12 Years a Slave (2014) Review

Many critically acclaimed films try to comment on significant issues, and as the name suggests, 12 Years a Slave focuses of the brutality of slavery. Based on his own memoirs, it follows the life of Solomon Northup (Chiwetel Ejiofor, Serenity, Children of Men) a free black man in 1850s America who gets kidnapped and sold into slavery.

People say that it is a hard watch, and they’re not wrong. The content isn’t as disturbing when comparing to recent films such as Django Unchained, but it is made more impactful by Steve McQueen’s directing style. The majority of the scenes of abuse take place off screen, leaving the audience to use their imagination, and its worsened when it is shown. This is captured powerfully by Ejiofor, who forges such a strong emotional bond with the audience. He’s deservedly nominated for a Best Actor Oscar, and I think this can be seen in one scene where he starts singing to a work song, his delivery is intensely emotional, a broken man who has accepted his situation.

Master and Slave: Chiwetel Ejiofor and Michael Fassbender

Master and Slave: Chiwetel Ejiofor and Michael Fassbender

And while this is predominantly Ejiofor’s film, the supporting cast shouldn’t be overlooked. One of the most distinctive out roles was that of the plantation owner, Edwin Epps (Michael Fassbender, Prometheus, Shame). He is a brilliant villain, not as an over-the-top megalomaniac, but a chilling representation of the cruelty of humanity. His introductory scene is him quoting the Bible to his slaves, reminding us that these kinds of people used religion to justify their sadistic cruelty, something that is especially relevant today with the presence of extremist groups.

We can see positive aspects of humanity as well. Benedict Cumberbatch (August: Osage County, Sherlock) appears as a relatively kind slave owner, despite that being an oxymoron by today’s standards, and Brad Pitt (12 Monkeys, The Departed) as friendly carpenter Bass. Pitt’s character probably has the most modern viewpoint, despite him sounding exactly like his Lt. Aldo Raine from Inglourious Basterds. However, the screen time dedicated to these roles is quite small, and I would have loved to see more of both Cumberbatch and Pitt.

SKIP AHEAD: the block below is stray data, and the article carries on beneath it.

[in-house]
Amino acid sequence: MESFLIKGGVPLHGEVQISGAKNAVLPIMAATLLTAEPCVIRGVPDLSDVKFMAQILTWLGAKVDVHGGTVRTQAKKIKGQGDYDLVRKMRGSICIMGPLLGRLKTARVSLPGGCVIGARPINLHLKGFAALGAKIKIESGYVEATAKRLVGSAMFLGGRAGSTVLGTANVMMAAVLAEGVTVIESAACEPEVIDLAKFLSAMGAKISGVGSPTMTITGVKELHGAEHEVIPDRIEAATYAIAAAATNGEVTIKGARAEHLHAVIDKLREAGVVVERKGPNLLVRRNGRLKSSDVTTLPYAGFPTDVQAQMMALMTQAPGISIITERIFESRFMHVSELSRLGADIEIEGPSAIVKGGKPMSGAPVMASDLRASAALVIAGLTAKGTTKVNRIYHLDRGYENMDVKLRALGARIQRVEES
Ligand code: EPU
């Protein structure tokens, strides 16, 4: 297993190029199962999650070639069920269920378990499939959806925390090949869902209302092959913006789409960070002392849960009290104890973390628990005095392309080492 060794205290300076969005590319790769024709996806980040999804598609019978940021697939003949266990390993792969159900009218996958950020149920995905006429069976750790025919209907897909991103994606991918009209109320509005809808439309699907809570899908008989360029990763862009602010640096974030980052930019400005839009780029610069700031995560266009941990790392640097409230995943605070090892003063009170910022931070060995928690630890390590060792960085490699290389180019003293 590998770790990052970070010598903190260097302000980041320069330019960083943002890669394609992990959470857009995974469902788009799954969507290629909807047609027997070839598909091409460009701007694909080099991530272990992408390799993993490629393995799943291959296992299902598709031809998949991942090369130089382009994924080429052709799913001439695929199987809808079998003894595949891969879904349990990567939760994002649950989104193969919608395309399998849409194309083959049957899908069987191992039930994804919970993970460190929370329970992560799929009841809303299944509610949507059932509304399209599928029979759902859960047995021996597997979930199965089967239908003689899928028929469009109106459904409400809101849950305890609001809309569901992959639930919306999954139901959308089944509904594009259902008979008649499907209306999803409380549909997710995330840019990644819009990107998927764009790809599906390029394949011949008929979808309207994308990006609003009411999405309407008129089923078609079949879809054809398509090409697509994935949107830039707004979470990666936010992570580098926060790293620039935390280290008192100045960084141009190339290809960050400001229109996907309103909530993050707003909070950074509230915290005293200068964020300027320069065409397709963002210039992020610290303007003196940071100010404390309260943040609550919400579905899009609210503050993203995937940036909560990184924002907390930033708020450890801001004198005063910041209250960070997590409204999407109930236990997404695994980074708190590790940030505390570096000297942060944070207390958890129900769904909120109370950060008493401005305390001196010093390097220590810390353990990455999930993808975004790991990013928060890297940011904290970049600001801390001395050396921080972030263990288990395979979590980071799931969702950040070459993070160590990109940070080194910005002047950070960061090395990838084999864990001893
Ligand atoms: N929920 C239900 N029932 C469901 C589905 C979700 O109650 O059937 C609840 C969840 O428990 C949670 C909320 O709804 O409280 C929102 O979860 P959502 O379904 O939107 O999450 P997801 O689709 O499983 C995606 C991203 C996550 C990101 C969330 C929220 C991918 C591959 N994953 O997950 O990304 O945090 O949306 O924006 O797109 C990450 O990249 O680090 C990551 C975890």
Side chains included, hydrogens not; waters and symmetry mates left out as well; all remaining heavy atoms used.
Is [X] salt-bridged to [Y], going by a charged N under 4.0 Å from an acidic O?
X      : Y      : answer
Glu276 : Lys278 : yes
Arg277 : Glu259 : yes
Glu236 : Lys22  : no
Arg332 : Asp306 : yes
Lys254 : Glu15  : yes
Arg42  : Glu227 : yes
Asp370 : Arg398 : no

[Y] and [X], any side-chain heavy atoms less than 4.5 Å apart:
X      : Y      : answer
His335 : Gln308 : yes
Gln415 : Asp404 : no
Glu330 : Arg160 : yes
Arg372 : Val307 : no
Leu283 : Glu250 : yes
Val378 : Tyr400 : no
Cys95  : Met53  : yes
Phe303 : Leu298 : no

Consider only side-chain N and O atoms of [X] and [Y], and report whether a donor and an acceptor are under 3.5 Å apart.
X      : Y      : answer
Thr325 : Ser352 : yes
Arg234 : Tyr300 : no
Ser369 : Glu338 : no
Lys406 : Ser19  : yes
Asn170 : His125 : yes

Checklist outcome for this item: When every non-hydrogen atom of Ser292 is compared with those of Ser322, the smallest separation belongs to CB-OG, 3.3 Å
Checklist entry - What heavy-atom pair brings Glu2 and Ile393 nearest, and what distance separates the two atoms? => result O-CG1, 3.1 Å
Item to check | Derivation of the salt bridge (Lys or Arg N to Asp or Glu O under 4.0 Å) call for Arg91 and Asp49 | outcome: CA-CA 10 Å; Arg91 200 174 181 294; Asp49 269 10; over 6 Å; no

12 Years a Slave isn’t a fun and comfortable film, but it is truly great cinema. Featuring a strong supporting cast, and driven by Ejiofor’s emotional lead role, it achieves what it set out to do: to bring slavery to the forefront of discussion and to generate thought and discussion.

Rating: 5/5 Stars

Rating: 5/5 Stars

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4 thoughts on “12 Years a Slave (2014) Review

  1. Good review! Many say once is another when it comes to watching 12 Years and I can agree, like you said its uncomfortable at times but nevertheless a great depiction of the slave era. Great cast and acting, directing I gave it a full five stars too when I reviewed it a while back, surely going to be one of the biggest Oscar winners too!

  2. Good review Dawson. I can’t say that I loved this like everyone else did. However, I did truly respect this as a film that had a vision, and never seemed to back down from it once. That’s probably more of a credit given to McQueen and his direction, but so be it.

    • Thanks Dan! I can understand where you are coming from, it did slow down at some points. But I think McQueen got his message across, and I would be surprised if it didn’t get recognition at the Oscars.

    • Thanks Dan! I can understand where you are coming from, it did slow down at some points. But I think McQueen got his message across, and I would be surprised if it didn’t get recognition at the Oscars.

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